and transfer any incorrectly
classified samples to the
subset

3.
occurred or the subset is full

Proximity Graphs

Condensing aims to retain points along the decision boundary

How to identify such points?

Neighbouring points of different classes

Proximity graphs provide various definitions of “neighbour”

NNG = Nearest Neighbour Graph

MST = Minimum Spanning Tree

RNG = Relative Neighbourhood Graph

GG = Gabriel Graph

DT = Delaunay Triangulation

Proximity Graphs: Delaunay

The Delaunay Triangulation is the dual of the
Voronoi diagram

Three points are each others neighbours if their
tangent sphere contains no other points

Voronoi editing: retain those points whose
neighbours (as defined by the Delaunay
Triangulation) are of the opposite class

The decision boundary is identical

Conservative subset

Retains extra points

Expensive to compute in high
dimensions

Proximity Graphs: Gabriel

The Gabriel graph is a subset of the
Delaunay Triangulation

Points are neighbours only if their
(diametral) sphere of influence is
empty

Does not preserve the identical
decision boundary, but most changes
occur outside the convex hull of the
data points

Can be computed more efficiently

Green lines denote

Proximity Graphs: RNG

The Relative Neighbourhood Graph (RNG)
is a subset of the Gabriel graph

Two points are neighbours if the “lune”
defined by the intersection of their radial
spheres is empty

Further reduces the number of neighbours

Decision boundary changes are often
drastic, and not guaranteed to be training
set consistent

Gabriel edited

RNG edited

not consistent

Matlab demo

Dataset Reduction: Editing

Training data may contain noise, overlapping classes

starting to make assumptions about the underlying distributions

Editing seeks to remove noisy points and produce smooth decision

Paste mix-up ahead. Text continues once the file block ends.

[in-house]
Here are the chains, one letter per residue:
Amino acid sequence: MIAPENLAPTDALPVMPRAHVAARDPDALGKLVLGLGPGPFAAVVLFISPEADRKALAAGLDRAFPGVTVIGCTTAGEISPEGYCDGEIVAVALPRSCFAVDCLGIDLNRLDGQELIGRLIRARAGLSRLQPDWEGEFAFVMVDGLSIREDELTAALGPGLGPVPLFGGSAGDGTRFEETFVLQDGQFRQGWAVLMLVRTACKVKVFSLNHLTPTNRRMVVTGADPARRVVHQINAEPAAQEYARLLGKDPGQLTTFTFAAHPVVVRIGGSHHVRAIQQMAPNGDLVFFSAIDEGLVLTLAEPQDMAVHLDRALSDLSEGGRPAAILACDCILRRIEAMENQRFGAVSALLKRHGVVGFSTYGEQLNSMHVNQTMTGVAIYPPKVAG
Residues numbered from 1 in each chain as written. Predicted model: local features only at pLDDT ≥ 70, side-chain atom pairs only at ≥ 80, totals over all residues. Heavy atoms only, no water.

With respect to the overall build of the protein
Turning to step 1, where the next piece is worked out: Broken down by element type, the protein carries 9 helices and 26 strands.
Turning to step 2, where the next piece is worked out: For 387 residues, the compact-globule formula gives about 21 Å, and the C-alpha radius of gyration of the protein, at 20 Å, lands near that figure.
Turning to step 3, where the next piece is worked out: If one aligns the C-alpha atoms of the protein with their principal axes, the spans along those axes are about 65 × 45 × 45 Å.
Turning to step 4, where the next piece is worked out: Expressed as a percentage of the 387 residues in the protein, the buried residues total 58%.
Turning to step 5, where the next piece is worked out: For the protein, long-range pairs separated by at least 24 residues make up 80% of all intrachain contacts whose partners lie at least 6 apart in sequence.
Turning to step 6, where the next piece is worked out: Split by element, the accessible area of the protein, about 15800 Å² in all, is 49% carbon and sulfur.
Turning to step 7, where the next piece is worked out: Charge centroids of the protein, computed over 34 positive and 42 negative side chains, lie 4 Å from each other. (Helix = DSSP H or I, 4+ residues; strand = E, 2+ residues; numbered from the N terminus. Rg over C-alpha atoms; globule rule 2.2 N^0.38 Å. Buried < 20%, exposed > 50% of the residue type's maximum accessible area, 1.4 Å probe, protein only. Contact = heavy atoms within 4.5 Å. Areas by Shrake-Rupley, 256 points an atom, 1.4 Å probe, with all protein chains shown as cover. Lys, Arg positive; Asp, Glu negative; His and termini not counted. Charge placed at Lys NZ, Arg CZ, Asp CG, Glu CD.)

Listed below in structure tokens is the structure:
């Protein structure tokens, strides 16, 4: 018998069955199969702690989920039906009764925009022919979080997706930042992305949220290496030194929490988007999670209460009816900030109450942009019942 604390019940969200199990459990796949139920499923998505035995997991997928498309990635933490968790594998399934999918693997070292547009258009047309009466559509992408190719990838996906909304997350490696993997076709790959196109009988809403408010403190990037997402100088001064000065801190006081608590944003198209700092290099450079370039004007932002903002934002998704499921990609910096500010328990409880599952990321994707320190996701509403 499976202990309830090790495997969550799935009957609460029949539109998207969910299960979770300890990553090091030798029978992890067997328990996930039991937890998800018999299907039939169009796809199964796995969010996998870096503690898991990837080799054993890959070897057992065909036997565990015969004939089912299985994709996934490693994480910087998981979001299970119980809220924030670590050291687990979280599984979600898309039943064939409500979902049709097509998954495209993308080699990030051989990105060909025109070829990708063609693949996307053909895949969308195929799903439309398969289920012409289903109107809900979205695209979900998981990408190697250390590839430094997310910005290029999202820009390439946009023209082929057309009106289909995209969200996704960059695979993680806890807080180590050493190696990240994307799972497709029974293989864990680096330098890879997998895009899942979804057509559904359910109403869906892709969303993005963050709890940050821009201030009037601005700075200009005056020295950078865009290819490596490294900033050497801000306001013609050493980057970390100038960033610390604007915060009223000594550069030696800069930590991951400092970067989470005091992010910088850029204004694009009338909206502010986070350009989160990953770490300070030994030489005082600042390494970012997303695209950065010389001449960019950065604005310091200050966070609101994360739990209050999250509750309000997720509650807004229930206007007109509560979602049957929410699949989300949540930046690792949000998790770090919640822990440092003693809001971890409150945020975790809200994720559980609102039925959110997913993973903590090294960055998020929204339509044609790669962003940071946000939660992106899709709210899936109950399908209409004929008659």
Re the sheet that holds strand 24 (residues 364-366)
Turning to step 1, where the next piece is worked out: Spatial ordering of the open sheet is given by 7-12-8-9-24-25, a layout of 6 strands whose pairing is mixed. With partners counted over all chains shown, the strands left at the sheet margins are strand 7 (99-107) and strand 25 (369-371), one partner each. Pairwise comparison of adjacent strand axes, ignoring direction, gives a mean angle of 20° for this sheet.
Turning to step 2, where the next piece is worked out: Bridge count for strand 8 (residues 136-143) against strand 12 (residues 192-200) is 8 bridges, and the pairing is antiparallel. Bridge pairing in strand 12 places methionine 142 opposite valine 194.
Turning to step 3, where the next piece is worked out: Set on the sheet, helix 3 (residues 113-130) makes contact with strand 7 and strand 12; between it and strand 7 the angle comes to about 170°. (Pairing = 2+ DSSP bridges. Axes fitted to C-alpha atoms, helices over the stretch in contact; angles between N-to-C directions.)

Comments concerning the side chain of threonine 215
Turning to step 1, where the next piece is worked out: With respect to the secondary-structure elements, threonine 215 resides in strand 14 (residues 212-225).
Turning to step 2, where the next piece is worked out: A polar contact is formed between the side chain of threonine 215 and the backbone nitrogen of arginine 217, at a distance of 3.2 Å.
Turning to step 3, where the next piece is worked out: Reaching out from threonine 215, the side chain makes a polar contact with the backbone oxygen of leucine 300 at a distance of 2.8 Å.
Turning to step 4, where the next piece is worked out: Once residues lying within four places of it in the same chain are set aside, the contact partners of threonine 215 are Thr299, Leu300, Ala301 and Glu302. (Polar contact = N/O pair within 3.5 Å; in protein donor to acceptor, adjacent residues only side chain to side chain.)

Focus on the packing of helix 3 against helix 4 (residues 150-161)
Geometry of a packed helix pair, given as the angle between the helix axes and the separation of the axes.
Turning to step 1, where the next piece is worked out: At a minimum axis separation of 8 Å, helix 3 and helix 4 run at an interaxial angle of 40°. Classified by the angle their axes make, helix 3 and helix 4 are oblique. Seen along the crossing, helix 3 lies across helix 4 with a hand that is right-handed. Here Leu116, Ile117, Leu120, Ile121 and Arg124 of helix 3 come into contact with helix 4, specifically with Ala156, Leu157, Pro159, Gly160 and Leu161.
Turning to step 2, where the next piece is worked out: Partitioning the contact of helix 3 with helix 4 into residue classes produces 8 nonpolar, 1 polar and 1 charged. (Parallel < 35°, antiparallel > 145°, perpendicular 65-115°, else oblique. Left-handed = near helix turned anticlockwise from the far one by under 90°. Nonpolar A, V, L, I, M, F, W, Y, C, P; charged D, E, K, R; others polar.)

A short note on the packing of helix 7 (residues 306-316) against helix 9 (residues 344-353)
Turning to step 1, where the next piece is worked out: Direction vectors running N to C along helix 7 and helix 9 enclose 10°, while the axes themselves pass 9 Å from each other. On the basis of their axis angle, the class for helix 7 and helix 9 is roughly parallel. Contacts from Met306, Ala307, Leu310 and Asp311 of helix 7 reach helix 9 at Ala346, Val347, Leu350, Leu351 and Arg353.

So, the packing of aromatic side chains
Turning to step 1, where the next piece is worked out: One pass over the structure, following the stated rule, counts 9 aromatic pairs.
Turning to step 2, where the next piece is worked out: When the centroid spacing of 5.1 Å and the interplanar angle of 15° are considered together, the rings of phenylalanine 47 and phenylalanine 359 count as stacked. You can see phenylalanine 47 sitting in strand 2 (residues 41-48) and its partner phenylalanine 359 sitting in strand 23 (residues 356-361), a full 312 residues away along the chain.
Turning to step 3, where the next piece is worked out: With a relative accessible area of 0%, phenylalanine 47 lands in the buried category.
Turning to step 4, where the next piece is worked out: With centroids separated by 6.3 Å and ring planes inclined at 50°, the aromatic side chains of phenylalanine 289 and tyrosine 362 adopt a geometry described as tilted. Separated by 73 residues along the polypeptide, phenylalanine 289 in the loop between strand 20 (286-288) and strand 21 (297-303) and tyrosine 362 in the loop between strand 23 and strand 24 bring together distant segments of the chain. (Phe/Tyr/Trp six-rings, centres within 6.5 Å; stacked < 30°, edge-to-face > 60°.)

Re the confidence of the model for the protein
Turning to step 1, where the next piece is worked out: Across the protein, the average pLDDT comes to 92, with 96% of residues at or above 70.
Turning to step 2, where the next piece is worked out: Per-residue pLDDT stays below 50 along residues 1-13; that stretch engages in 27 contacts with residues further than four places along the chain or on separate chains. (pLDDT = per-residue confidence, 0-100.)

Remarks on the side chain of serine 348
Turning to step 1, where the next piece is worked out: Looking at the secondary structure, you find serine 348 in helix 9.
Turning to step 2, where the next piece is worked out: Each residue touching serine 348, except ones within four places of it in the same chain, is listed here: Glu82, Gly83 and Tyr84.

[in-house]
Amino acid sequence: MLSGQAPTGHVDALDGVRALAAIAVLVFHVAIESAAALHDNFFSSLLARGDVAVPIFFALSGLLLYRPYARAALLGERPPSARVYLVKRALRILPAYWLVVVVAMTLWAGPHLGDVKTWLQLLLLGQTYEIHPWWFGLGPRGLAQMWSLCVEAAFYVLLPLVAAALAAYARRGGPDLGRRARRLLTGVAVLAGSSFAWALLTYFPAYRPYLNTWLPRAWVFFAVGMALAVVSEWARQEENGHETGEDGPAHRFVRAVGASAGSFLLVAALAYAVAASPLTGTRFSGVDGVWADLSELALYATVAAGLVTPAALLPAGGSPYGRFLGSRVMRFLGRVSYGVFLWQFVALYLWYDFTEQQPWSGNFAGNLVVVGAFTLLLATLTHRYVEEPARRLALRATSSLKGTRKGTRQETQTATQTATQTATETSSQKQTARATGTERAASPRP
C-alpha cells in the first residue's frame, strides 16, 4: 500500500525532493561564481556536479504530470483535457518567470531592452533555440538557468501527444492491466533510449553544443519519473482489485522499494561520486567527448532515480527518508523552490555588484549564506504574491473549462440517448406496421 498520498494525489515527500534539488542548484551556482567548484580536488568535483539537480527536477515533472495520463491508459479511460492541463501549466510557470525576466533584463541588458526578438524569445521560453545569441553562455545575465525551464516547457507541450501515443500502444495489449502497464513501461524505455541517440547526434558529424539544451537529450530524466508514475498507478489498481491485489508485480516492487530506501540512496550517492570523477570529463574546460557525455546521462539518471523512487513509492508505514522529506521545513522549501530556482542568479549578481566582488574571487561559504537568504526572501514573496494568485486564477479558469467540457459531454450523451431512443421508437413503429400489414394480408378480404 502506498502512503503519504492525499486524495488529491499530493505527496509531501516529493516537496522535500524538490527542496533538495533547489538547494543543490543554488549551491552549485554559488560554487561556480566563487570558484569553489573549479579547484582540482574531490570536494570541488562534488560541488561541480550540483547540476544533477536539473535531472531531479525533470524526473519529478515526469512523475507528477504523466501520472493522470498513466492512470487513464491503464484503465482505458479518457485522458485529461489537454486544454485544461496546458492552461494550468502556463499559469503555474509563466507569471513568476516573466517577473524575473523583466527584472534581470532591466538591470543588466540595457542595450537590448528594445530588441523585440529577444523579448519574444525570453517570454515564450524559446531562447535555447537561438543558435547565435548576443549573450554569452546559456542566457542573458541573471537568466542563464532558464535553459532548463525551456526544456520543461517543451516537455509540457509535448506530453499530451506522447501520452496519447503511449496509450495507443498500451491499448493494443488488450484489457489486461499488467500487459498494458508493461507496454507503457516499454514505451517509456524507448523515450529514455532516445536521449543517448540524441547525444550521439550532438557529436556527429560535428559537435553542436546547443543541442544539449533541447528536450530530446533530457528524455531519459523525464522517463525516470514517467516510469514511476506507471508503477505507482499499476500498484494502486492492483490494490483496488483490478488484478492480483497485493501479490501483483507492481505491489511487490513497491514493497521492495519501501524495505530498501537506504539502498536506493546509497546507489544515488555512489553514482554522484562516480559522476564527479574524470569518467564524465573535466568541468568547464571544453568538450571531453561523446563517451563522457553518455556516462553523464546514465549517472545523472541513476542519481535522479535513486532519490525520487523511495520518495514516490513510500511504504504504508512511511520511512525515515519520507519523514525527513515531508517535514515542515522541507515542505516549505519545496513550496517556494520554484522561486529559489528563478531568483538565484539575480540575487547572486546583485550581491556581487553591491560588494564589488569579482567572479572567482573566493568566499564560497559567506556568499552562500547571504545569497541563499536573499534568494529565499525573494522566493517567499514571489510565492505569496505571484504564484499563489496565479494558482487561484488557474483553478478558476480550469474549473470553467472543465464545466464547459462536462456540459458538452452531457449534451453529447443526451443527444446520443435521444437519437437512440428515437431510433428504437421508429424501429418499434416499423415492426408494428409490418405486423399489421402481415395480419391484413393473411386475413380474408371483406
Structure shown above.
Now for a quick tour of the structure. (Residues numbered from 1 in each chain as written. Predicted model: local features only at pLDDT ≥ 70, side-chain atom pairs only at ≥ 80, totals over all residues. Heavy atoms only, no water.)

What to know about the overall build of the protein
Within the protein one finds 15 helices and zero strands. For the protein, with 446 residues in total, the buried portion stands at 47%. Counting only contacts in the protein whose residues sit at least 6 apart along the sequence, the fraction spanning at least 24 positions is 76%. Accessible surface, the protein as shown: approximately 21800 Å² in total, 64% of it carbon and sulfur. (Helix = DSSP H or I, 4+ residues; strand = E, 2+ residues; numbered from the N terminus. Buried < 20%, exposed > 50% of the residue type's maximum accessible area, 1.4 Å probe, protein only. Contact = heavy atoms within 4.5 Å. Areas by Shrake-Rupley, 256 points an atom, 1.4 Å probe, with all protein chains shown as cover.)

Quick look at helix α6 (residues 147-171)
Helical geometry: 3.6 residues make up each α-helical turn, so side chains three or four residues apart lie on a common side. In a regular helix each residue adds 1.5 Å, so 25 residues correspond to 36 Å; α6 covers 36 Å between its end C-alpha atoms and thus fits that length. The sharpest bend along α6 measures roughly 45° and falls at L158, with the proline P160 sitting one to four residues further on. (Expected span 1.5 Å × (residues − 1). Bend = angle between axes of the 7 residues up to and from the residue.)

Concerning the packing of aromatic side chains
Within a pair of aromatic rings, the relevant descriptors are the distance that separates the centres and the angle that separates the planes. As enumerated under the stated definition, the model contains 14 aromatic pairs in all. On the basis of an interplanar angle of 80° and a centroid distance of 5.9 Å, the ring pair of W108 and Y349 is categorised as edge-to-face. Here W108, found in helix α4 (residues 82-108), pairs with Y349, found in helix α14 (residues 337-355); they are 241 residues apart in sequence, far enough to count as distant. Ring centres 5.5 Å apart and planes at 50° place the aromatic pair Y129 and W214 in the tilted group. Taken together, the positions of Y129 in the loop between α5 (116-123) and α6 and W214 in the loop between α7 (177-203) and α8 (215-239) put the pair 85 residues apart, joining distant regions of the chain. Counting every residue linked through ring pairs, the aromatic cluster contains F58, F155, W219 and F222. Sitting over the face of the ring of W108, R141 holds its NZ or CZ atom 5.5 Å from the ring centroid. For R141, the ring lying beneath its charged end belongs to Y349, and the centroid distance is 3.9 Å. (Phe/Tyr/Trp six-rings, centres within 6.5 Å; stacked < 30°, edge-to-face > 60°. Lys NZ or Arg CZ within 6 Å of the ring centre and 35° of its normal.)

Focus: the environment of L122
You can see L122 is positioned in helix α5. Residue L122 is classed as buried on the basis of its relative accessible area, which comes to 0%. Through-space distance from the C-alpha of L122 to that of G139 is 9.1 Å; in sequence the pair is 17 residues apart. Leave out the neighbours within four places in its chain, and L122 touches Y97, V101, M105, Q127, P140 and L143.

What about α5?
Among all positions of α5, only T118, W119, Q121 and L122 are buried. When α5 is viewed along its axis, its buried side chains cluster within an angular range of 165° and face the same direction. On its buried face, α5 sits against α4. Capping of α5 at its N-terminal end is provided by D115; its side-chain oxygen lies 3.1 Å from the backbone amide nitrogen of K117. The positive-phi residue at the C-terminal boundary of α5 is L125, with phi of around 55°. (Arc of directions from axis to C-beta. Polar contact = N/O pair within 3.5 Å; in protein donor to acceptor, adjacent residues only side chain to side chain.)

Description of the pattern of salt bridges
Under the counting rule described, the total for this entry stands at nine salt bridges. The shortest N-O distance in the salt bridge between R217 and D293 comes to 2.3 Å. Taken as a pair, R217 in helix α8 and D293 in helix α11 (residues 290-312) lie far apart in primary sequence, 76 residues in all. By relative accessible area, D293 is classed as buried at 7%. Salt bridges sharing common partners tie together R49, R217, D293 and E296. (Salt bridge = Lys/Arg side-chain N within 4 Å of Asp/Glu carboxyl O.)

boundaries

often by retaining points far from the decision boundaries

Results in homogenous clusters of points

Wilson Editing

Wilson 1972

Remove points that do not agree with the majority of their k nearest neighbours

Wilson editing with k=7

Original data

Earlier example

Wilson editing with k=7

Original data

Overlapping classes

Multi
-
edit

Multi
-
edit [Devijer & Kittler ’79]

Repeatedly apply Wilson editing
to random partitions

Classify with the 1
-
NN rule

Approximates the error rate of the
Bayes decision rule

1.
Diffusion:

divide data into N

3 random subsets

2.
Classification:

Classify S
i

using 1
-
NN with S
(i+1)Mod N
as
the training set (i = 1..N)

3.
Editing:

incorrectly classified in (2)

4.
Confusion:

Pool all remaining
samples into a new set

5.
Termination:

If the last I
iterations produced no editing
then end; otherwise go to (1)

Multi
-
edit, 8 iterations

last 3 same

Voronoi editing

Combined Editing/Condensing

First edit the data to remove noise and smooth the boundary

Then condense to obtain a smaller subset

Where are we?

Simple method, pretty powerful rule

Can be made to run fast

Requires a lot of training data

Edit to reduce noise, class overlap

Condense to remove redundant data

Questions

What distance measure to use?

Often Euclidean distance is used

More complicated with non
-
numeric data, or when different dimensions
have different scales

Choice of
k
?

Cross
-
validation

1
-
NN often performs well in practice

k
-
NN needed for overlapping classes

Re
-
label all data according to k
-
NN, then classify with 1
-
NN

Reduce
k
-
NN problem to 1
-
NN through dataset editing